Monday 22 May 2006

For the love of God: 20 theologians and why we love them

Thanks for all the great suggested titles for this new series. In the end, I decided on Dan’s suggestion, “For the Love of God.” Kim Fabricius emailed me a good suggestion, too: “Godfathers.” As a great admirer of the Godfather films, I was tempted to go with this one—except that a number of the theologians in the series are women (and “Godmothers” doesn’t have quite the same ring!).

So the full title of the series is “For the Love of God: 20 Theologians and Why We Love Them.” And now that it has a name, we can finally get started—so the first post in the series should be appearing within the next day. All in all, there will be 20 posts on a range of Catholic, Protestant and Orthodox theologians. Although the series will focus mainly on contemporary theology, there will also be posts on some significant and interesting historical figures.

The purpose of the series is not to survey a bunch of “great theologians,” or to come up with a list of the most important theological thinkers. Instead, I have simply asked each contributor to explain why he or she loves a particular theologian. So the series is meant to be subjective and personal; it’s meant to offer a glimpse of why particular theological thinkers have become important to different people.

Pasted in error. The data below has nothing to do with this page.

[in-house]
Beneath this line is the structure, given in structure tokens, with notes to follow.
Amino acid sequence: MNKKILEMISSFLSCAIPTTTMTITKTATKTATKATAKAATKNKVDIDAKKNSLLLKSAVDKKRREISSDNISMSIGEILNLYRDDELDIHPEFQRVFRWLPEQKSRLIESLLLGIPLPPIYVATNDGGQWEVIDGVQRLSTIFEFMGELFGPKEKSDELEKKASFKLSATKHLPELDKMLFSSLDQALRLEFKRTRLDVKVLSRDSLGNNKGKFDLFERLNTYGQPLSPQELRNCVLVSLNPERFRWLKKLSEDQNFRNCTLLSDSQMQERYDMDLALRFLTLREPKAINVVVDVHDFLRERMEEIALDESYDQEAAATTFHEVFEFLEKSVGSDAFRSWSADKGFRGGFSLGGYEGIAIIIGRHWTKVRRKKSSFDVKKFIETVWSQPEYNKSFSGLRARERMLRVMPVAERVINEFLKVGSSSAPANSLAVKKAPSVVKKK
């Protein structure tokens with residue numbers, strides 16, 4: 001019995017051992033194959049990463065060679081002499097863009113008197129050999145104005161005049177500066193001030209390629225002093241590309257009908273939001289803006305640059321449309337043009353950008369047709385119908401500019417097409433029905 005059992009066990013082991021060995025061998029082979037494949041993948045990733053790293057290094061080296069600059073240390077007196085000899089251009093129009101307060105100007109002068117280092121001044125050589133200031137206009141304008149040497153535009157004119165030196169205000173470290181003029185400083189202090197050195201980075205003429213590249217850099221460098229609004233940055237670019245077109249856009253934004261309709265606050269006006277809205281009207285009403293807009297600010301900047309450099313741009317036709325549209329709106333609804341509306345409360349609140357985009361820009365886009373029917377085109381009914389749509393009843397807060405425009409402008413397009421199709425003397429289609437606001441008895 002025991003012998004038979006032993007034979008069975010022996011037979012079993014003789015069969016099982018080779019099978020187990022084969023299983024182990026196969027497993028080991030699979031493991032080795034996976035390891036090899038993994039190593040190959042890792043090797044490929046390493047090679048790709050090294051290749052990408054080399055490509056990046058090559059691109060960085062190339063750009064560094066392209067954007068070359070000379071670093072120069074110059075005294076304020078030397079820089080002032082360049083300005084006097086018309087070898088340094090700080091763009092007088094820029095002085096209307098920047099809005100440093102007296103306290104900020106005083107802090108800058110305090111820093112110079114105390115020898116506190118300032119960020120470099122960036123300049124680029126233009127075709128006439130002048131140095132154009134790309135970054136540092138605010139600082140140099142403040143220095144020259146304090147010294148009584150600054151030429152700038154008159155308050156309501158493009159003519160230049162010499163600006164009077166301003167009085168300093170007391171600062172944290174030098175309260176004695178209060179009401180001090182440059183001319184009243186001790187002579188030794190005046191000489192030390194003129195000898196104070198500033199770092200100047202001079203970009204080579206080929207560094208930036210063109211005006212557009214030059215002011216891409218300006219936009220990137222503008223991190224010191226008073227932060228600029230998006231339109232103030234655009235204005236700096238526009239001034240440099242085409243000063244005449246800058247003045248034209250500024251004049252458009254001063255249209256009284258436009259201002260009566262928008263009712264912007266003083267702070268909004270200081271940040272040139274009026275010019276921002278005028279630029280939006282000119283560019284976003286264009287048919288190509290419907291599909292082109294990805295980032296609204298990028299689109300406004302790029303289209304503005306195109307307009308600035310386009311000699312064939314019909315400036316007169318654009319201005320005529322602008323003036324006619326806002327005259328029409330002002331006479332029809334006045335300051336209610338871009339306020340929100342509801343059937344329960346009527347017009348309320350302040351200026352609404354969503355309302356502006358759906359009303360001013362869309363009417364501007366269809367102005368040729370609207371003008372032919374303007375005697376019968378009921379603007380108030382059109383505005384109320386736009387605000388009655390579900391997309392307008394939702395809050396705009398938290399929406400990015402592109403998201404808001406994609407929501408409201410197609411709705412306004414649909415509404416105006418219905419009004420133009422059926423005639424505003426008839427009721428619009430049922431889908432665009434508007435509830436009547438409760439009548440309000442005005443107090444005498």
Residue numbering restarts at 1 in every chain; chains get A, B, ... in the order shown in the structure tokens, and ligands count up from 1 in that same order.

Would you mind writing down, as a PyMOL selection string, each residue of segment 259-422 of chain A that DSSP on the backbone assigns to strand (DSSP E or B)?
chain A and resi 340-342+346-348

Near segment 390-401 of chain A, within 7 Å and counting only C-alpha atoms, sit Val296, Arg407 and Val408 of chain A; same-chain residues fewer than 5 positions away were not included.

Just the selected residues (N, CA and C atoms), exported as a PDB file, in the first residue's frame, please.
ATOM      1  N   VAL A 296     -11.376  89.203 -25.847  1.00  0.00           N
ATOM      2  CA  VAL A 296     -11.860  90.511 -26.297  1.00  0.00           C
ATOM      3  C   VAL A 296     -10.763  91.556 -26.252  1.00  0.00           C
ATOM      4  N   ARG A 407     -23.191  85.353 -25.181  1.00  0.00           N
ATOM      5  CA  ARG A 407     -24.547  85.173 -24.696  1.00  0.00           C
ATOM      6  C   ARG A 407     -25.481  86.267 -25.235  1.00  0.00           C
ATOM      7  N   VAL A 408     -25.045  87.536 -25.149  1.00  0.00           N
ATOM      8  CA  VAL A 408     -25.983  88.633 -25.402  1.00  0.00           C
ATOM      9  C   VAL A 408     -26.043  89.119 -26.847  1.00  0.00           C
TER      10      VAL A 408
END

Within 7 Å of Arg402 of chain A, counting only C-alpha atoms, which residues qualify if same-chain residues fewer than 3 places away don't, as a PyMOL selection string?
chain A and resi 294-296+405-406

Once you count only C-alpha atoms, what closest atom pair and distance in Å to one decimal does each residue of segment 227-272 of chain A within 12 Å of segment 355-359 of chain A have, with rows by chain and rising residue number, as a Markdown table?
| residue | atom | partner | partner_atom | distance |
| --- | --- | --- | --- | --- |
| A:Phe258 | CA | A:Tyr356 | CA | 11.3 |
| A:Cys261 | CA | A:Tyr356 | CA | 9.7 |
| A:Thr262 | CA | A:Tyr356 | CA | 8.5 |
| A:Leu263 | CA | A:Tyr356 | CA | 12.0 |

In other words, the series is as much about “love” as it is about “theologians.” Why is it that the experience of love is so closely tied to theological study? Why is it that we are really deeply influenced only by those thinkers to whom we open ourselves in love? Why is it that the absence of love so often constitutes an obstacle to genuine understanding—so that the thinker whom we have not yet learned to love seems remote and unintelligible?

This series won’t try to answer these questions directly. But it might give us an indirect glimpse of the answers, as we listen to others telling us about the theologians they love.


Anonymous said...

An interesting essay dealing with, among other things, why the experience of love (and friendship) is closely tied to theological study: Moss, David, “FRIENDSHIP St Anselm, Theoria and the Convolution of Sense”, Radical Orthodoxy: a new theology, ed.: Milbank, John, Pickstock, Catherine, Ward, Graham.

Rory Shiner said...

Sounds like a great series. I will look forward to it.

byron smith said...

Great picture, Ben. Which travel site did you rip that off from?
I'm looking forward to the series too, of course. Will you give us any hints about which theologians will be revealed?

byron smith said...

I'm just sore you didn't use "Theological Idol".

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